Reigning Funny Car champion Ron Capps stepped into unfamiliar territory in 2022 as team owner of newly formed Ron Capps Motorsports. Still, behind the wheel of his supremely capable and well-recognized NAPA Auto Parts nitro Funny Car, Capps blasted into the new year with fierce determination and immediate proficiency. It was difficult to believe there was much challenge for the SoCal native in his new role as the man in charge, but Capps admits that there have been sleepless nights, and he doesn’t take all of the credit for how things are coming together.
"It’s really about the people," said Capps, who currently occupies the No. 3 position in the NHRA Camping World Drag Racing Series Funny Car standings. He's claimed the pole three times in the first seven events, started the year with a final-round performance, and claimed his first victory of the season (and 69th of his career) at the Las Vegas NHRA Four-Wide Nationals.
"We’re really one of the very few nitro teams that had every single person come back from last year," he went on to explain. "To me, that’s even more impressive because off I go as a brand-new team owner, and I get to have a world championship team come with me. I’m sure there were opportunities and a lot more money thrown at these guys by other teams, but they all completely wanted to be part of this new venture with me, and it was emotional. I think that’s the reason for our success."
Even before that, though, Capps was thoughtfully gathering advice from those who came before him in the world of nitro team ownership. His network of experienced resources was astounding, and during the offseason, other team owners — as well as some of his own competitors — checked in with him regularly to see what he needed.
That included everyone from the Don Schumacher Racing front office and hospitality team to drag racing legend Don "the Snake" Prudhomme, as well as his wife Lynn, who had been an integral part of Prudhomme's operation behind the scenes and was invaluable in advising Capps in his new venture.
"I had the luxury of a lot of really good people coming forward with support and answers to my questions," said Capps, who drove for Prudhomme before racing with Don Schumacher for many years. "More than anything, they all talked about what a challenge it would be — but how important it is — to separate being the driver from being the team owner at the track."
Although he was prepared for it, Capps was faced with that very challenge at the second race on tour, the NHRA Arizona Nationals in Phoenix, where he was defeated on a holeshot in the second round of eliminations.
"I really felt like we had a car to win the race, and I think I let a little bit of the ownership hat get inside the car with me," he admitted. "But it was part of the process, part of growing. Now I have the people around me make sure I don't have anything like that in my brain when I go up to drive the race car on Sunday. It's great to have [co-crew chiefs] Guido and John Medlen being so close. I feel like they know me pretty well now, and in Richmond, I had Guido sit me down and make sure I was focused on being the racecar driver.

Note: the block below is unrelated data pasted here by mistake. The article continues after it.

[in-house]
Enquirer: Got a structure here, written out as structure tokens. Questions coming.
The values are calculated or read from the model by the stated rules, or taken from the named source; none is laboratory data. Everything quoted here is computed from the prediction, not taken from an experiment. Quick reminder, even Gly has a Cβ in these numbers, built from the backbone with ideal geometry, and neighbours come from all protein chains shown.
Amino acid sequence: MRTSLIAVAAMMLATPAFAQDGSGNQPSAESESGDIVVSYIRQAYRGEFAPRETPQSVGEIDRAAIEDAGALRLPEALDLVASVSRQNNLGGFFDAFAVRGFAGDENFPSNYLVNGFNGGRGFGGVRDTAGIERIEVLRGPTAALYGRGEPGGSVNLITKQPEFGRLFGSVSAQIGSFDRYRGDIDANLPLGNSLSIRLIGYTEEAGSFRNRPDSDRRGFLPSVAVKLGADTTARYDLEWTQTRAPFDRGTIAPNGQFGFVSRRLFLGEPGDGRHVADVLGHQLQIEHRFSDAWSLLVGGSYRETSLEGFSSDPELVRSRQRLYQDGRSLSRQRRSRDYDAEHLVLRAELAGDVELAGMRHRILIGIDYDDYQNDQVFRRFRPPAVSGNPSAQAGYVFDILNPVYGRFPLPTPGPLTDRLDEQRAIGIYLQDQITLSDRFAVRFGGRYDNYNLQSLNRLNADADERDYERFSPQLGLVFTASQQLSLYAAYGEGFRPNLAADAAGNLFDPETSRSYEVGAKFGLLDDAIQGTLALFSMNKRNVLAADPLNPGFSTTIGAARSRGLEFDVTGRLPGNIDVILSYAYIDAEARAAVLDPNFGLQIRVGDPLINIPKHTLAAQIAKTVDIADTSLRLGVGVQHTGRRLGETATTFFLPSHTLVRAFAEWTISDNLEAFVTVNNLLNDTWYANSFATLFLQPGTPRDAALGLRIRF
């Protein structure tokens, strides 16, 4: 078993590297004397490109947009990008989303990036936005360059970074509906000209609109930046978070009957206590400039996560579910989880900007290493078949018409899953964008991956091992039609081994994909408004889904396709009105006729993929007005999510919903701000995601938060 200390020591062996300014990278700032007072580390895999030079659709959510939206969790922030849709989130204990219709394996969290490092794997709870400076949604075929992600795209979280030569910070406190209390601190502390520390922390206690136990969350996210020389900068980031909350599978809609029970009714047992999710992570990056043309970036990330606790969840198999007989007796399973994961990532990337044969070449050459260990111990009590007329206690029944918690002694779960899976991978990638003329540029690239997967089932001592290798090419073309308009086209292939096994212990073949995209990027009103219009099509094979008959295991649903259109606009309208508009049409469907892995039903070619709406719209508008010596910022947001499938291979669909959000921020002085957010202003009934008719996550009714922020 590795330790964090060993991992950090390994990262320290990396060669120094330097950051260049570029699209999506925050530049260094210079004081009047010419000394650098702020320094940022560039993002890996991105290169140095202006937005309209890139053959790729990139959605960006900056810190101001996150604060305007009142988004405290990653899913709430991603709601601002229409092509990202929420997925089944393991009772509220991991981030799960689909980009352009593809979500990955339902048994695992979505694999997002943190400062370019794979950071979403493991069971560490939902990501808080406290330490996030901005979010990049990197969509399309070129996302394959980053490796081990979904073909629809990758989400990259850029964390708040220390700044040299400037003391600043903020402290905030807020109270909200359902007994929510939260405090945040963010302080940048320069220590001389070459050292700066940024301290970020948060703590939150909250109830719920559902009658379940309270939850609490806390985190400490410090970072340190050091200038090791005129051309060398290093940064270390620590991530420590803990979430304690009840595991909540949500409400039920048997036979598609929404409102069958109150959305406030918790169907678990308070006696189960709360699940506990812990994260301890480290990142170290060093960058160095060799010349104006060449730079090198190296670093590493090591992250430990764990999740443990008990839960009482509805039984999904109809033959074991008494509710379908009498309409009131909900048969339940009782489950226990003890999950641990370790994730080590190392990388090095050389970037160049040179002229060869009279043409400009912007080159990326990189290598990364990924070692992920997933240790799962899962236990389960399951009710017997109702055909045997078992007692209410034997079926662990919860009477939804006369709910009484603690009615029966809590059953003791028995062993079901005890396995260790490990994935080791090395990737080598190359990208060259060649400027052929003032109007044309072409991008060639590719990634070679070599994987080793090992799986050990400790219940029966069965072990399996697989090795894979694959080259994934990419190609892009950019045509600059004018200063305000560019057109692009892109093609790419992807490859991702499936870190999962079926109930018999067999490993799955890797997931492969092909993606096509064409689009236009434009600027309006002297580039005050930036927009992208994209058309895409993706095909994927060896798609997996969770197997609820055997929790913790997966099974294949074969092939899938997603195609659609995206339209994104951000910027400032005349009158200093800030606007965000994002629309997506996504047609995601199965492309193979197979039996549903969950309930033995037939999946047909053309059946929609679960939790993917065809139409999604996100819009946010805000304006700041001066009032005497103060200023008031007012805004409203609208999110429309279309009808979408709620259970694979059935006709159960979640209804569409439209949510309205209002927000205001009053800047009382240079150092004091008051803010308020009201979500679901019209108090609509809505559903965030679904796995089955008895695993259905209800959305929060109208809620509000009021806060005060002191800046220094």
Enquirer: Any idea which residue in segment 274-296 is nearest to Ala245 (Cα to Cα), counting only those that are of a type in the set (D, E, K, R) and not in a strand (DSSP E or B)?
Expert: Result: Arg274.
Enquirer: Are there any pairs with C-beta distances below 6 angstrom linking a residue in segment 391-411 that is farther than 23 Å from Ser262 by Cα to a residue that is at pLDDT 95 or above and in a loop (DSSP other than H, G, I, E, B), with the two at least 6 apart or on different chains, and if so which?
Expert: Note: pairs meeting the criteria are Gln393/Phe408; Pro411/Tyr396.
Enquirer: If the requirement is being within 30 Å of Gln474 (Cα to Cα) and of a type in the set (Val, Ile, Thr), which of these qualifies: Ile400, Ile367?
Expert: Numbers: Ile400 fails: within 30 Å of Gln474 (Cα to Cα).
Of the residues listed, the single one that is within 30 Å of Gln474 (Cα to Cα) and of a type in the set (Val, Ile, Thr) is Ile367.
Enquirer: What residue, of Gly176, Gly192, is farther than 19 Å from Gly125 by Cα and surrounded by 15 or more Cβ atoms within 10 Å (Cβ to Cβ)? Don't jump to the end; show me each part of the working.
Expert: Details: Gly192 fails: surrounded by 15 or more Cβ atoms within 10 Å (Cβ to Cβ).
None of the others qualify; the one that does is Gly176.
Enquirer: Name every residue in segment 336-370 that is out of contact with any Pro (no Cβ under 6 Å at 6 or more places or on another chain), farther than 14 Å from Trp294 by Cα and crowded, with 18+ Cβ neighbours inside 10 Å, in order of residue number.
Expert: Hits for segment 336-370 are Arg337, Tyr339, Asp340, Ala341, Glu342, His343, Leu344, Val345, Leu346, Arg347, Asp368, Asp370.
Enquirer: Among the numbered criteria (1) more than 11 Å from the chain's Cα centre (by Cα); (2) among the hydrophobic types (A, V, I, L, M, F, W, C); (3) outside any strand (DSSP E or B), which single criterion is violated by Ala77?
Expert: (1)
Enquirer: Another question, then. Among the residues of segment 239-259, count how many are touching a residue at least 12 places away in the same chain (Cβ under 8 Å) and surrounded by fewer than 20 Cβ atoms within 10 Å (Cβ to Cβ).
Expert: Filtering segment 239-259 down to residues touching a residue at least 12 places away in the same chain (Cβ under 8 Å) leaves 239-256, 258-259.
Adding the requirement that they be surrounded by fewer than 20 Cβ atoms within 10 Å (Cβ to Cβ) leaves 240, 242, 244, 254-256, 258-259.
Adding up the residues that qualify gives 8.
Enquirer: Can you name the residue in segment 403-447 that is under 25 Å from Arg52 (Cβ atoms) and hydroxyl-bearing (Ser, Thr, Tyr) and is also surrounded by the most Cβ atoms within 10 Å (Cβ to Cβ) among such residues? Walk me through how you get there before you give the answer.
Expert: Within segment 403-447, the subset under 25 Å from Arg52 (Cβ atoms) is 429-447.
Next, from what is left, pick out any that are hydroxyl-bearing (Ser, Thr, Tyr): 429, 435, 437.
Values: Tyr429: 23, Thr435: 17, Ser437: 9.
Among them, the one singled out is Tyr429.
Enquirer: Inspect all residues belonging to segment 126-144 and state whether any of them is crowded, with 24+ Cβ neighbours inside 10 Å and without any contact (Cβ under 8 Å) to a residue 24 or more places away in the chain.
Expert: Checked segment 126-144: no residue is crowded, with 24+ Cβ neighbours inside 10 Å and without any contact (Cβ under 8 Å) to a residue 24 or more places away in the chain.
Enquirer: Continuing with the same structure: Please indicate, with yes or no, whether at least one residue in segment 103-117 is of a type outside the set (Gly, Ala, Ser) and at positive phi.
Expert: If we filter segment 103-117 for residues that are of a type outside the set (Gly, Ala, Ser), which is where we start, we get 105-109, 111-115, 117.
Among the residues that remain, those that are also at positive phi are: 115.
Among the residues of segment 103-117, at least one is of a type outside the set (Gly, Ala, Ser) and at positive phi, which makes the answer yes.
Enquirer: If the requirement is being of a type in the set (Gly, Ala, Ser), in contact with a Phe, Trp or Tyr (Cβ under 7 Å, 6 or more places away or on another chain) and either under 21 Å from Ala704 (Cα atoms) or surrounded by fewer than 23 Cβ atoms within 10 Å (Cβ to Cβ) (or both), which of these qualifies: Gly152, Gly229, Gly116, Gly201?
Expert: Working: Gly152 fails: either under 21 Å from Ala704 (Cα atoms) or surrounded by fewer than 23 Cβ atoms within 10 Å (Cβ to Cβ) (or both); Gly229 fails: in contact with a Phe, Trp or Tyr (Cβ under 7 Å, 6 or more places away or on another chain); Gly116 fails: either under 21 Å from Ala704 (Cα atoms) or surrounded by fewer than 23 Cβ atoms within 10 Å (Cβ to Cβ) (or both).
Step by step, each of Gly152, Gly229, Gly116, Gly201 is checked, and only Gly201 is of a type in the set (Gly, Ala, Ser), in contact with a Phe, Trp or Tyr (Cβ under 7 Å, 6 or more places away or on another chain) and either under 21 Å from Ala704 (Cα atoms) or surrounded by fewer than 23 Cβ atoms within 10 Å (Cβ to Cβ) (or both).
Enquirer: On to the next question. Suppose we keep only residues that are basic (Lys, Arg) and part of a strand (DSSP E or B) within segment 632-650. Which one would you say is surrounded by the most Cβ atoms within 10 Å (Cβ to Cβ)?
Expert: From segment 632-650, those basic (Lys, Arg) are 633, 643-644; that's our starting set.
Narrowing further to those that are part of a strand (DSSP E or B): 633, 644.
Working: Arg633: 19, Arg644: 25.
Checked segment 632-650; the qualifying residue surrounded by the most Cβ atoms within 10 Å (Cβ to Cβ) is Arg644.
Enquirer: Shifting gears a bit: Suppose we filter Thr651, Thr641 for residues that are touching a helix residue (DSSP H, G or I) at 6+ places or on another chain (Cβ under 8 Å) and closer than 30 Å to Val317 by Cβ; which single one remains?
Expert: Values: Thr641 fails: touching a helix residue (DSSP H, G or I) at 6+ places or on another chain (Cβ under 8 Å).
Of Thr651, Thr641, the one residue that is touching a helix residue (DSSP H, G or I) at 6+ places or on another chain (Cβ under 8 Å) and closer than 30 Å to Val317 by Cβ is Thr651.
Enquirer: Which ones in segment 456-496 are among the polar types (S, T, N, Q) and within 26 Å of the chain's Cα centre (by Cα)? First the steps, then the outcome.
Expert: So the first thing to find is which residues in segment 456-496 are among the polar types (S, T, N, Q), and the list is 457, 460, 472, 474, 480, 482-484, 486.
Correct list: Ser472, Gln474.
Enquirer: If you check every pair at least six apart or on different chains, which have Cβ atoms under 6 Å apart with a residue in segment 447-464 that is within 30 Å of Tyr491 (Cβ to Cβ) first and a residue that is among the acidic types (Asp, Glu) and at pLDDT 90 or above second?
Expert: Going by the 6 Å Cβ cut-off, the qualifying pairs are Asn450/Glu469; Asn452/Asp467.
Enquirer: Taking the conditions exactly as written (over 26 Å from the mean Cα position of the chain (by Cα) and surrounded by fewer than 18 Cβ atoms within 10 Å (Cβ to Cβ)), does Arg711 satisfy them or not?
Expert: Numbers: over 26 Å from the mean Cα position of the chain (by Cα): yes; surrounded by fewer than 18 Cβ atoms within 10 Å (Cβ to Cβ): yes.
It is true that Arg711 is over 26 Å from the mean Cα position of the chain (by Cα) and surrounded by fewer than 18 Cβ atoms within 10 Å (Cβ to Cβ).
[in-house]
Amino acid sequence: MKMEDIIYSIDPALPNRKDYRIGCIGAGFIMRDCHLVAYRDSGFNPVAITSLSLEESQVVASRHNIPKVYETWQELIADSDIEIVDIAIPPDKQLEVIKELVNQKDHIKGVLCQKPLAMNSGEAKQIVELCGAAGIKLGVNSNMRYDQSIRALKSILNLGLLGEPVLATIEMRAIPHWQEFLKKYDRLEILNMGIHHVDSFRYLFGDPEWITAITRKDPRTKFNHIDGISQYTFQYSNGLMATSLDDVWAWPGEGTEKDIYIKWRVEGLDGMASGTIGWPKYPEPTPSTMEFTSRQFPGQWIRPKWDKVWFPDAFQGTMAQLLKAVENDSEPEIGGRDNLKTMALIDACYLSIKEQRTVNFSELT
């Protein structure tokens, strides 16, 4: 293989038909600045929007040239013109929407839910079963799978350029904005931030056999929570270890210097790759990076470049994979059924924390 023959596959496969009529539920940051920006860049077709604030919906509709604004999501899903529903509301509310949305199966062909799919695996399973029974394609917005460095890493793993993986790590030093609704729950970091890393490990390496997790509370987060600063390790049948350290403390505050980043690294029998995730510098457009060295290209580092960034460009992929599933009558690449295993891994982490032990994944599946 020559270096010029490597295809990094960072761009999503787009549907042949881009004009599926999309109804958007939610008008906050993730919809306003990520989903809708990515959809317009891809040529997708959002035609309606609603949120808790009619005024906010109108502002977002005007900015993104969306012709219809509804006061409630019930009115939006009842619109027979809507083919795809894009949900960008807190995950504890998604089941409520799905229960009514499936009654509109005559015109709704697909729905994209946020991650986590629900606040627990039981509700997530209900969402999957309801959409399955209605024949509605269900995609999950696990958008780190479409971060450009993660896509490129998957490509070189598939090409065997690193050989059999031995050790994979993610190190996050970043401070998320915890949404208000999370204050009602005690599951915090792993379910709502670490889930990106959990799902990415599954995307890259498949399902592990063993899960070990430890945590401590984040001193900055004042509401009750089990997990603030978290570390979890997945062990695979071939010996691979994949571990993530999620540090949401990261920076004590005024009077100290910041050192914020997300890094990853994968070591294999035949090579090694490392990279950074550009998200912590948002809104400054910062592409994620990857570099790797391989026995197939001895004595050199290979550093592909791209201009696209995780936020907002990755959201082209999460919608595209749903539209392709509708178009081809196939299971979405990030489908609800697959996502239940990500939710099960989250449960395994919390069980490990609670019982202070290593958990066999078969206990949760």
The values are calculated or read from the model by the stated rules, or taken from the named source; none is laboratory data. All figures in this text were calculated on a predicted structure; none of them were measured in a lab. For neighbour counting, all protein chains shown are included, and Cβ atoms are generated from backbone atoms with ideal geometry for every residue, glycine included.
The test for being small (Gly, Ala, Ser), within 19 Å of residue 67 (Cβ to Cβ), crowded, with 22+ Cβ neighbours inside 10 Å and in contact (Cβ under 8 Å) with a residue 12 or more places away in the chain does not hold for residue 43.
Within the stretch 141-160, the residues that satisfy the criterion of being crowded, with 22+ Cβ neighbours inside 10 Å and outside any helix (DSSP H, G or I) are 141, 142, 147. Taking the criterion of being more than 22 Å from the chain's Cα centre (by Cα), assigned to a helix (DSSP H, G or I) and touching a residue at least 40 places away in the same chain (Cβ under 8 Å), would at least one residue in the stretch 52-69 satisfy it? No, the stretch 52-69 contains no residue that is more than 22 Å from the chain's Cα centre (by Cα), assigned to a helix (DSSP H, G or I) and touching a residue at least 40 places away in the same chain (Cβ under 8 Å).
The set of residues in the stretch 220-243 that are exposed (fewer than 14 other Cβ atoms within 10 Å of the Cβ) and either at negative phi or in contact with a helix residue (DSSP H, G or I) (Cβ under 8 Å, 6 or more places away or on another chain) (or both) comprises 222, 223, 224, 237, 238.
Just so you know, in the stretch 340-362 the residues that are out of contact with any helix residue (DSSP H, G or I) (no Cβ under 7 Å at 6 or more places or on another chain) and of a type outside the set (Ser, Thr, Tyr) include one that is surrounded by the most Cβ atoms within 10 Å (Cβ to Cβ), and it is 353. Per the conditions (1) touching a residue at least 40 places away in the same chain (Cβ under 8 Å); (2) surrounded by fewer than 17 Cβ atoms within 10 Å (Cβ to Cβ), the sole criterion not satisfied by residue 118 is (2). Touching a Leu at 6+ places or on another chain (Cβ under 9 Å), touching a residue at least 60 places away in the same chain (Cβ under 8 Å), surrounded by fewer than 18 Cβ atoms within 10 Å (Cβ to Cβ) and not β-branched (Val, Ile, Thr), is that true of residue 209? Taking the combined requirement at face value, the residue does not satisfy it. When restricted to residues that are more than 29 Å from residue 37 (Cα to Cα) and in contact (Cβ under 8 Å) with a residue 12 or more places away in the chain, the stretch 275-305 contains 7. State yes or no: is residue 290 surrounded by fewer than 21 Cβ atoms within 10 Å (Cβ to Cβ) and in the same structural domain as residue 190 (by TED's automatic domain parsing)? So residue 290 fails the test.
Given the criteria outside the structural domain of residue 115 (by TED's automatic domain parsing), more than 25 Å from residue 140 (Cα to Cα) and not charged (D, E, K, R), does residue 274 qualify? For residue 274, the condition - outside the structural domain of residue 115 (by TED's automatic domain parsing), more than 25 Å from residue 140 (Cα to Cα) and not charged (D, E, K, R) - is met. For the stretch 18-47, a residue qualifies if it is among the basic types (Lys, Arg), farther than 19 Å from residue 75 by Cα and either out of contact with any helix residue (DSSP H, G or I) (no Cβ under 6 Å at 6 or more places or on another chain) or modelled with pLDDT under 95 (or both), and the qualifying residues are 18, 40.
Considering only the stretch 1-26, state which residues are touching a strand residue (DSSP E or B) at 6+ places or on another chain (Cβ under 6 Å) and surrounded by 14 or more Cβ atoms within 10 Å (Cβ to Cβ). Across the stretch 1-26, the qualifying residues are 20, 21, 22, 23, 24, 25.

"That seems to work for me. I've been lucky to drive with some pretty cool crew chiefs, and I've always walked into the track with the mentality that I'm going to show up and do everything I can to make my crew chief and my team proud."
As if forming a team of his own and going through those growing pains wasn't enough, Capps also made a major move in terms of manufacturer. In the early stages of forming his team, he reached out to all of the major manufacturers, and it was Toyota who stepped forward as an eager partner willing to invest in Capps' vision.
"I knew from my past experience that having a great partnership with a manufacturer means more than just running the body," said Capps. "A great partnership happens when they want to be as involved with you as you want to be involved with them. When I got the call that Toyota wanted to be involved, it was the biggest deal for me as a team owner, almost as much as it was when NAPA said they wanted to be involved. That really meant a lot."
Capps made the announcement before the Charlotte four-wide event and took delivery of his new Toyota GR Supra just prior to the race. It was unveiled, and Capps slid into the driver's seat for the first time for the first round of qualifying. Right away, the NAPA team and Capps found themselves in the zone as they laid down a bold 3.885-second pass at 325.45 mph to jump into the No. 3 position.
Although the initial growing pains have mostly subsided, Capps heads into this next part of the season with those challenges still fresh in his memory — and he's using them as fuel.
"Maybe it's seemed smooth on the outside, but I've had a lot of sleepless nights," he said. "I've had my brother Antron calm me down when I wasn't sure I made the right choice or wasn't sure I could handle it. It's been overwhelming at times, and I've had to go back to school in some ways and learn how to survive and try to be better. But even with the stress, I'm still enjoying it. We're blessed to be able to do this for a living, and if you're not enjoying it and you're aggravated all the time, what's the point? I've been fortunate to have great people around me who share that same feeling. That's what makes this work."